His concept of ‘simple ideas’ being the basis of all our knowledge, his social contract theory, as well his contributions to education, theology and economics, made John Locke (1632-1704) one of the most important Enlightenment thinkers. Locke is widely regarded as a founder of empiricism as well as of liberalism. Concepts of toleration can hardly be described without referring to Locke’s Epistola de tolerantia (1689), which was translated into German in 1710. Locke’s influence on continental philosophy has been the subject of many studies, but in most of these studies the ‘continent’ is not much bigger than France. Even though it is well known that the Germans admired British cultural and intellectual life in the eighteenth century, historians of philosophy still underestimate British influences, describing the German philosophical tradition as an independent, self-contained historical narrative from Leibniz via Kant to Hegel.
Locke’s writings were initially mainly read in French and Latin. His Essay was translated into Latin in 1701, only eleven years after its first publication in English, and his Second Treatise of Government from 1690 was published in French already in 1691, both in Locke’s lifetime. There are also four famous philosophers who exemplify the French interest in Locke: Voltaire, Condillac, D’Alembert and Rousseau. Their texts in turn enjoyed widespread distribution in Germany and generally raised awareness of Locke’s philosophical importance there too.
This project concentrates above all on direct paths of the German reception of Locke. Discussions of Locke’s works in German academic review journals, such as the Leipzig Acta Eruditorum, as well as the publication of German and Latin translations of Locke’s writings in Leipzig, Berlin, Königsberg and elsewhere are evidence of the existence of a German audience that was keen to hear news of all kinds – not only philosophical – from the other side of the Channel. Although this reception can be seen in the writings of German philosophers from Christian Thomasius (1655-1728) to Immanuel Kant (1724-1804), its role in shaping the development of the German Enlightenment, from its beginning in the early eighteenth century, has never been investigated in detail. Focusing on the reception of Locke in Germany offers a uniquely promising approach to understanding the nature and impact of intellectual exchange between Great Britain and the German lands in the age of Enlightenment.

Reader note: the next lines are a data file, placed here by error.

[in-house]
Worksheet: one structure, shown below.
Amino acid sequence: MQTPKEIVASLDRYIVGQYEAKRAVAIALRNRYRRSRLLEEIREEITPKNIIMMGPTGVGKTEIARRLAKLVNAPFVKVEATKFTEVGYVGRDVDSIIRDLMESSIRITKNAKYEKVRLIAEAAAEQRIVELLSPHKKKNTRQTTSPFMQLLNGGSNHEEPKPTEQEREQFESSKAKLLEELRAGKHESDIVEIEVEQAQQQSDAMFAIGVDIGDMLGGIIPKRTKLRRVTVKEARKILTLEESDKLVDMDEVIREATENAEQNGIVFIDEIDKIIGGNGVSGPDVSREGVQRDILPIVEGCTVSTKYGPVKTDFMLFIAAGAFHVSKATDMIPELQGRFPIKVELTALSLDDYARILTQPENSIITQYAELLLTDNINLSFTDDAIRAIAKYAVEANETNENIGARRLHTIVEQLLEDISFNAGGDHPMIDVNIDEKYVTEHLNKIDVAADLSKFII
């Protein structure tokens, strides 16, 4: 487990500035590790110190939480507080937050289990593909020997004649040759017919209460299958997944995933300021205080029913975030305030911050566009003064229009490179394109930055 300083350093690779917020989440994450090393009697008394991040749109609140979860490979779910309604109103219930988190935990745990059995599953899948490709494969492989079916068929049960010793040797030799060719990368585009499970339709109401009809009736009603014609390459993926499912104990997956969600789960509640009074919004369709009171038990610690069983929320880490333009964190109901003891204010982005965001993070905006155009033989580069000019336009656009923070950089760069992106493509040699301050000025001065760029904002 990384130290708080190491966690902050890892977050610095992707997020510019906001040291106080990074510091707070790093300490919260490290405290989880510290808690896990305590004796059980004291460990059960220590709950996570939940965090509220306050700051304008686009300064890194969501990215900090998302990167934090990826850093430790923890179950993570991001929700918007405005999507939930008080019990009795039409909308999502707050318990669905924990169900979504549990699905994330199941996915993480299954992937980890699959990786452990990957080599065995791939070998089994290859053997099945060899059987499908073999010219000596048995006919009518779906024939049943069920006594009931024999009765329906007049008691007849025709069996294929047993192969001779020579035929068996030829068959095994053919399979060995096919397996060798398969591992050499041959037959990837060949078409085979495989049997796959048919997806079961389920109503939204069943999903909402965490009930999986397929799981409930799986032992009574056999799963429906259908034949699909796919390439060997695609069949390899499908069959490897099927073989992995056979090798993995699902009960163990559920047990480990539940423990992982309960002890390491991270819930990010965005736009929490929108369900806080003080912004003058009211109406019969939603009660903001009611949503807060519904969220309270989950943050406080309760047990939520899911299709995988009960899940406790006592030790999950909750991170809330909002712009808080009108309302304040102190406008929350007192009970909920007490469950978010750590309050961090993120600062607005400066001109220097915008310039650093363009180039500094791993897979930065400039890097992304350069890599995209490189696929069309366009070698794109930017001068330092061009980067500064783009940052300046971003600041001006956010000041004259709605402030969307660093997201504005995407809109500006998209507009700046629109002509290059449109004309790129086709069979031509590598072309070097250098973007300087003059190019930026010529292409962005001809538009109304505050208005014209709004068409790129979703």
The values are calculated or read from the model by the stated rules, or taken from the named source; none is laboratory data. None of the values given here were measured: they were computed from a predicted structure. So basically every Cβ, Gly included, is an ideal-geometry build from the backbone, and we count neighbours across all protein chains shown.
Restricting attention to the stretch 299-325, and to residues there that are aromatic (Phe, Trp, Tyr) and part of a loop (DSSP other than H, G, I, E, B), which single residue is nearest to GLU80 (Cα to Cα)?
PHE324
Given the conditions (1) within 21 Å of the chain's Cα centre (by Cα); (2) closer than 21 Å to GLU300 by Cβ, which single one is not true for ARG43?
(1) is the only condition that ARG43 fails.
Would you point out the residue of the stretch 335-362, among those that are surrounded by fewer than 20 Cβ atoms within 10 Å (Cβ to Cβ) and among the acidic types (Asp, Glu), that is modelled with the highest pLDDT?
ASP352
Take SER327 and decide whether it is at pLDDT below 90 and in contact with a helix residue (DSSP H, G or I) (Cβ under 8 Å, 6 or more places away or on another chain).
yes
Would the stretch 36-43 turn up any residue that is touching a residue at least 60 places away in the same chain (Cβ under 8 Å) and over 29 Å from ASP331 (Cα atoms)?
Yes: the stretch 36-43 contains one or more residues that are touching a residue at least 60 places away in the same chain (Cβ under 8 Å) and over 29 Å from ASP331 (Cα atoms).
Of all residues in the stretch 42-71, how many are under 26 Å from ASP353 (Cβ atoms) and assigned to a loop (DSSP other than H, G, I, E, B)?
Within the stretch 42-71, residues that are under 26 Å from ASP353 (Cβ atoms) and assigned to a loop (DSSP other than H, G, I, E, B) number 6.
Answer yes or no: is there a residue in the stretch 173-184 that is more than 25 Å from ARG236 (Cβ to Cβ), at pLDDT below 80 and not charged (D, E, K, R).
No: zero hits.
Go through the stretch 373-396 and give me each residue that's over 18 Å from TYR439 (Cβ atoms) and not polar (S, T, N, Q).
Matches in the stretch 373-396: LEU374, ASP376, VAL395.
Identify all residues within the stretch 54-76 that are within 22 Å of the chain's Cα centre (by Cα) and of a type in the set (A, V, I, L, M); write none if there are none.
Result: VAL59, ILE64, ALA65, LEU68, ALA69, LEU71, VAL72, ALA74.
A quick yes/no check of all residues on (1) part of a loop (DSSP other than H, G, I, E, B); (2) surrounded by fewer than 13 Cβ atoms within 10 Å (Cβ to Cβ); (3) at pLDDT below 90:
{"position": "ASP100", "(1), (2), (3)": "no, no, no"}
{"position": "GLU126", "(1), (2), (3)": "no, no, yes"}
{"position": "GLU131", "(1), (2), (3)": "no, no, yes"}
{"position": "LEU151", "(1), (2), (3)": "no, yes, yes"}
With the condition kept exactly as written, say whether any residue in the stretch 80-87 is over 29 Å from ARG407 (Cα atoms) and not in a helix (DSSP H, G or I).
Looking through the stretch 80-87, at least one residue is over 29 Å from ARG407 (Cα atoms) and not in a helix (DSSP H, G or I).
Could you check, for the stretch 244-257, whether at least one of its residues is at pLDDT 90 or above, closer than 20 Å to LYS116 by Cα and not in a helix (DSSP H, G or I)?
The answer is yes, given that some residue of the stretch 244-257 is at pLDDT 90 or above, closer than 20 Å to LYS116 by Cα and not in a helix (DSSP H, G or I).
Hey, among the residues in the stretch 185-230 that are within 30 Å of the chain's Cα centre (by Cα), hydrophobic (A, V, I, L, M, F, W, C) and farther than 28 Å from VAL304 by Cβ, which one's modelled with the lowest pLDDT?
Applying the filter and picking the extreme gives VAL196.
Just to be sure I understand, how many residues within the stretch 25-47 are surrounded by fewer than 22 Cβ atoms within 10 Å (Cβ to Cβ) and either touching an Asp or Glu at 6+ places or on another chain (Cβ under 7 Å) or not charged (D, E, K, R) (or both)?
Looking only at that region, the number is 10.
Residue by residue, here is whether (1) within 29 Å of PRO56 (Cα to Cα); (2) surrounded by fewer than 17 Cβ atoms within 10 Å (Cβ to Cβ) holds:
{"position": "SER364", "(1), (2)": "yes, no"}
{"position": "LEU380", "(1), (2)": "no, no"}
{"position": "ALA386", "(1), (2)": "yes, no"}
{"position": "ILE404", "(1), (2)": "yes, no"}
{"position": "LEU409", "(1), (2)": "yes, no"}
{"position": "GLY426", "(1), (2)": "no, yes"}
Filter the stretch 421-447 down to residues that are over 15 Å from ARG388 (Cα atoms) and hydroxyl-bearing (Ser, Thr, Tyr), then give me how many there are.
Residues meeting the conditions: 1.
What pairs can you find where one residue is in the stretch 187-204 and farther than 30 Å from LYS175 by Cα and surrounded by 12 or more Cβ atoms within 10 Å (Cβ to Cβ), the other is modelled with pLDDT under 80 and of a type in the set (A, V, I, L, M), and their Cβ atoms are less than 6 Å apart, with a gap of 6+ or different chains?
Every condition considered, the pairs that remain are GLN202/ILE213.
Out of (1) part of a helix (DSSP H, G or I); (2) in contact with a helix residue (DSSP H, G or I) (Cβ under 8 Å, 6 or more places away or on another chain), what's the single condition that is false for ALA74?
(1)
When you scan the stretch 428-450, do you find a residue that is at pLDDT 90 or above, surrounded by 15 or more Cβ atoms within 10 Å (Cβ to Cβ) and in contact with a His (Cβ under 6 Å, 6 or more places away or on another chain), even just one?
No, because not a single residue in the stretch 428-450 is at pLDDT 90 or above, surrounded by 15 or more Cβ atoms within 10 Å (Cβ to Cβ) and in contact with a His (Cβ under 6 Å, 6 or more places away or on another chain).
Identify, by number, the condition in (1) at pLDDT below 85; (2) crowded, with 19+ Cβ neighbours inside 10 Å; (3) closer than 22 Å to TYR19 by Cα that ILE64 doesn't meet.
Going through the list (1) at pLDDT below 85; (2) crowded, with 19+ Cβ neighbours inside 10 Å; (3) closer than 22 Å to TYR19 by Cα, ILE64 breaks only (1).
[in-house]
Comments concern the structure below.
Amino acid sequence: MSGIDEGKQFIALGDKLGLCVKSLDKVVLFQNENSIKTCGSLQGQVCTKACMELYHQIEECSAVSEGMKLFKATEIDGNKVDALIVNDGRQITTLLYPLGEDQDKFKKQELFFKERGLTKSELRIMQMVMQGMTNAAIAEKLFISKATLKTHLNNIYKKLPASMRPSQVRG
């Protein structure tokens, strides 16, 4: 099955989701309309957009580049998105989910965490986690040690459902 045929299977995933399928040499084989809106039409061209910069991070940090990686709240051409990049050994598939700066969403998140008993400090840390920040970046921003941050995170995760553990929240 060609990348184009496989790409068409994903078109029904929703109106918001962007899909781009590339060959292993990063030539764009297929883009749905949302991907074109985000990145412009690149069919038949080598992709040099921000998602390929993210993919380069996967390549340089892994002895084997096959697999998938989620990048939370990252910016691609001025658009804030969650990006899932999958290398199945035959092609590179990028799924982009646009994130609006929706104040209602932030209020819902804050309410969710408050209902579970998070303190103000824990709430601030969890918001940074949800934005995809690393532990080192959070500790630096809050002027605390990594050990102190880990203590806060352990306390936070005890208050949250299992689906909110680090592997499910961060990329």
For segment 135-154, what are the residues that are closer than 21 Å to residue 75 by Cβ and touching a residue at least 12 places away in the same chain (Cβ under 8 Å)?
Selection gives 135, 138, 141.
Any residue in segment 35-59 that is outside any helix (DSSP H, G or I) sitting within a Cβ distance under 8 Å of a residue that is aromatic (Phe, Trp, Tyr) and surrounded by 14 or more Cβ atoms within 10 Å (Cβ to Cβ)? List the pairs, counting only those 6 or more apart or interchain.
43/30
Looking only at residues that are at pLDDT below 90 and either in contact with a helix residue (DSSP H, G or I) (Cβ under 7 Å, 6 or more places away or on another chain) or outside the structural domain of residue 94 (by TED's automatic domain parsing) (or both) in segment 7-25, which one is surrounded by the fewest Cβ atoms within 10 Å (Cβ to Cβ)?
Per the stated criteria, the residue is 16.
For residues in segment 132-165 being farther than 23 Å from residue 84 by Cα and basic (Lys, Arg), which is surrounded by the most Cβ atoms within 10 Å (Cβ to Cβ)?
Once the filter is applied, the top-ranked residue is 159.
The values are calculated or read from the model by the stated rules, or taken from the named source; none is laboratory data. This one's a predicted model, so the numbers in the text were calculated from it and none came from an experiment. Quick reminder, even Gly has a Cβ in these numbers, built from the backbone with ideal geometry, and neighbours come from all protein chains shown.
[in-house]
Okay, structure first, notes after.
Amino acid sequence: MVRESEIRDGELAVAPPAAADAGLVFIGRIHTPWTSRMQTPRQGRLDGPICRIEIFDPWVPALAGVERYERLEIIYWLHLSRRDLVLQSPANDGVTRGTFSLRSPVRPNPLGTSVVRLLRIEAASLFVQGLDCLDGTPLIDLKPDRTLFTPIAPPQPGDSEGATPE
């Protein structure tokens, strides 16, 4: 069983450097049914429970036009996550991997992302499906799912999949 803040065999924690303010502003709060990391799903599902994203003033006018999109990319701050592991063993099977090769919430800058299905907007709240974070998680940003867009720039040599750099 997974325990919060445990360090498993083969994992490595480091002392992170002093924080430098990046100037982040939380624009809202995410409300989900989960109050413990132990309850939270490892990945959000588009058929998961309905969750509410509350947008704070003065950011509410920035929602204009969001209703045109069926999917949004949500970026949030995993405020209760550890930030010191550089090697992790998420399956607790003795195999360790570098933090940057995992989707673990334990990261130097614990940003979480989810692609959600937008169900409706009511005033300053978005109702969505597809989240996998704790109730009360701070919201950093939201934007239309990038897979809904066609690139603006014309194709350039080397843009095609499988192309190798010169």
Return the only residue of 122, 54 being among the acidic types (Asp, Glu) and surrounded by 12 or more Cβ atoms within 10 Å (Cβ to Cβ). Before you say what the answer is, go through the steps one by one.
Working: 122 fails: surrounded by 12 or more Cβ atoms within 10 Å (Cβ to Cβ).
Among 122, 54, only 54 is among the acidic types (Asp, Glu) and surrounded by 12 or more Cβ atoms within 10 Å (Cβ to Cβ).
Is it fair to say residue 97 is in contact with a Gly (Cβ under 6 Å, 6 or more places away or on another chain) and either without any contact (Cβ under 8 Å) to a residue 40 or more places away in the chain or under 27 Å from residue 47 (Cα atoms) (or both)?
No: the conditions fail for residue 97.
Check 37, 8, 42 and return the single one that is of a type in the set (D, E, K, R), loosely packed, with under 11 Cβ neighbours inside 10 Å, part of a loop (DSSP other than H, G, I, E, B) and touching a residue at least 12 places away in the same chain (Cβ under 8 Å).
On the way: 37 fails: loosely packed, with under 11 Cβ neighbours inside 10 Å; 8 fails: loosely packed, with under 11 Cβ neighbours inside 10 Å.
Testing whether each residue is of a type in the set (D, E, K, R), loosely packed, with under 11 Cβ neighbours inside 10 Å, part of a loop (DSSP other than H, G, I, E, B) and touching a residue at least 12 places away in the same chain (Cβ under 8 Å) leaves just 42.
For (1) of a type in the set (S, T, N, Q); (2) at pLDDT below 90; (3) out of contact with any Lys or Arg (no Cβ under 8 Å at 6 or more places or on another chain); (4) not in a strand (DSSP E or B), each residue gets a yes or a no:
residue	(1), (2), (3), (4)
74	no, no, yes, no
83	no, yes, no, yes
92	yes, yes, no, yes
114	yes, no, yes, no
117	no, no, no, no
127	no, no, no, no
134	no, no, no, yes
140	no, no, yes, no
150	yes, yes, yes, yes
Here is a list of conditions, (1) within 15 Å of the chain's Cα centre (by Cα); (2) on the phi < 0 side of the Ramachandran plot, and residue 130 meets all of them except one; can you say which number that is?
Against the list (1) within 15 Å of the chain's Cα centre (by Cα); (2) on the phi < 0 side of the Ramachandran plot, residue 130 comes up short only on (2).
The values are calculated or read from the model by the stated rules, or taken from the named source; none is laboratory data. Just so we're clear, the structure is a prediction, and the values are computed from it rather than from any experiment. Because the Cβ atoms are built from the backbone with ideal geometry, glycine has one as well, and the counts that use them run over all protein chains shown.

Many of the most prominent German Aufklärer drew attention directly to Locke’s works. The famous philosopher and polymath Gottfried Wilhelm Leibniz (1646-1716) not only read the English original of the Essay, but also wrote a major treatise, the Nouveaux Essais, in response to it. Ardent admirers of Locke’s Essay can be found among the so-called ‘popular philosophers’ (Popularphilosophen) at the University of Göttingen. These are mainly Johann Heinrich Feder (1740-1821), whose lecture De sensu interno (1768) stimulated further Locke studies at the University of Göttingen, and Christoph Meiners (1745-1810), a student of Feder who became familiar with philosophical thinking by reading Locke. The first German translation of Locke’s main work (published 1757 by Johann Heinrich Poley who had started working on it in 1734) led to a broader dissemination of Locke’s thought in Germany, even more extensive than that in the first half of the century. Immanuel Kant, for example, referred to material which can only be found in Poley’s translation. It is not too bold to state that the epicentres of the German Enlightenment were optimally informed about Locke’s thought.
Thus, by about 1780, Locke’s philosophy was widely present in German philosophy and intellectual life more generally. By systematically exploring the reception of Locke in Germany, the project aims to change general perceptions of the German Enlightenment, and its relation to European thought and culture in the eighteenth century.
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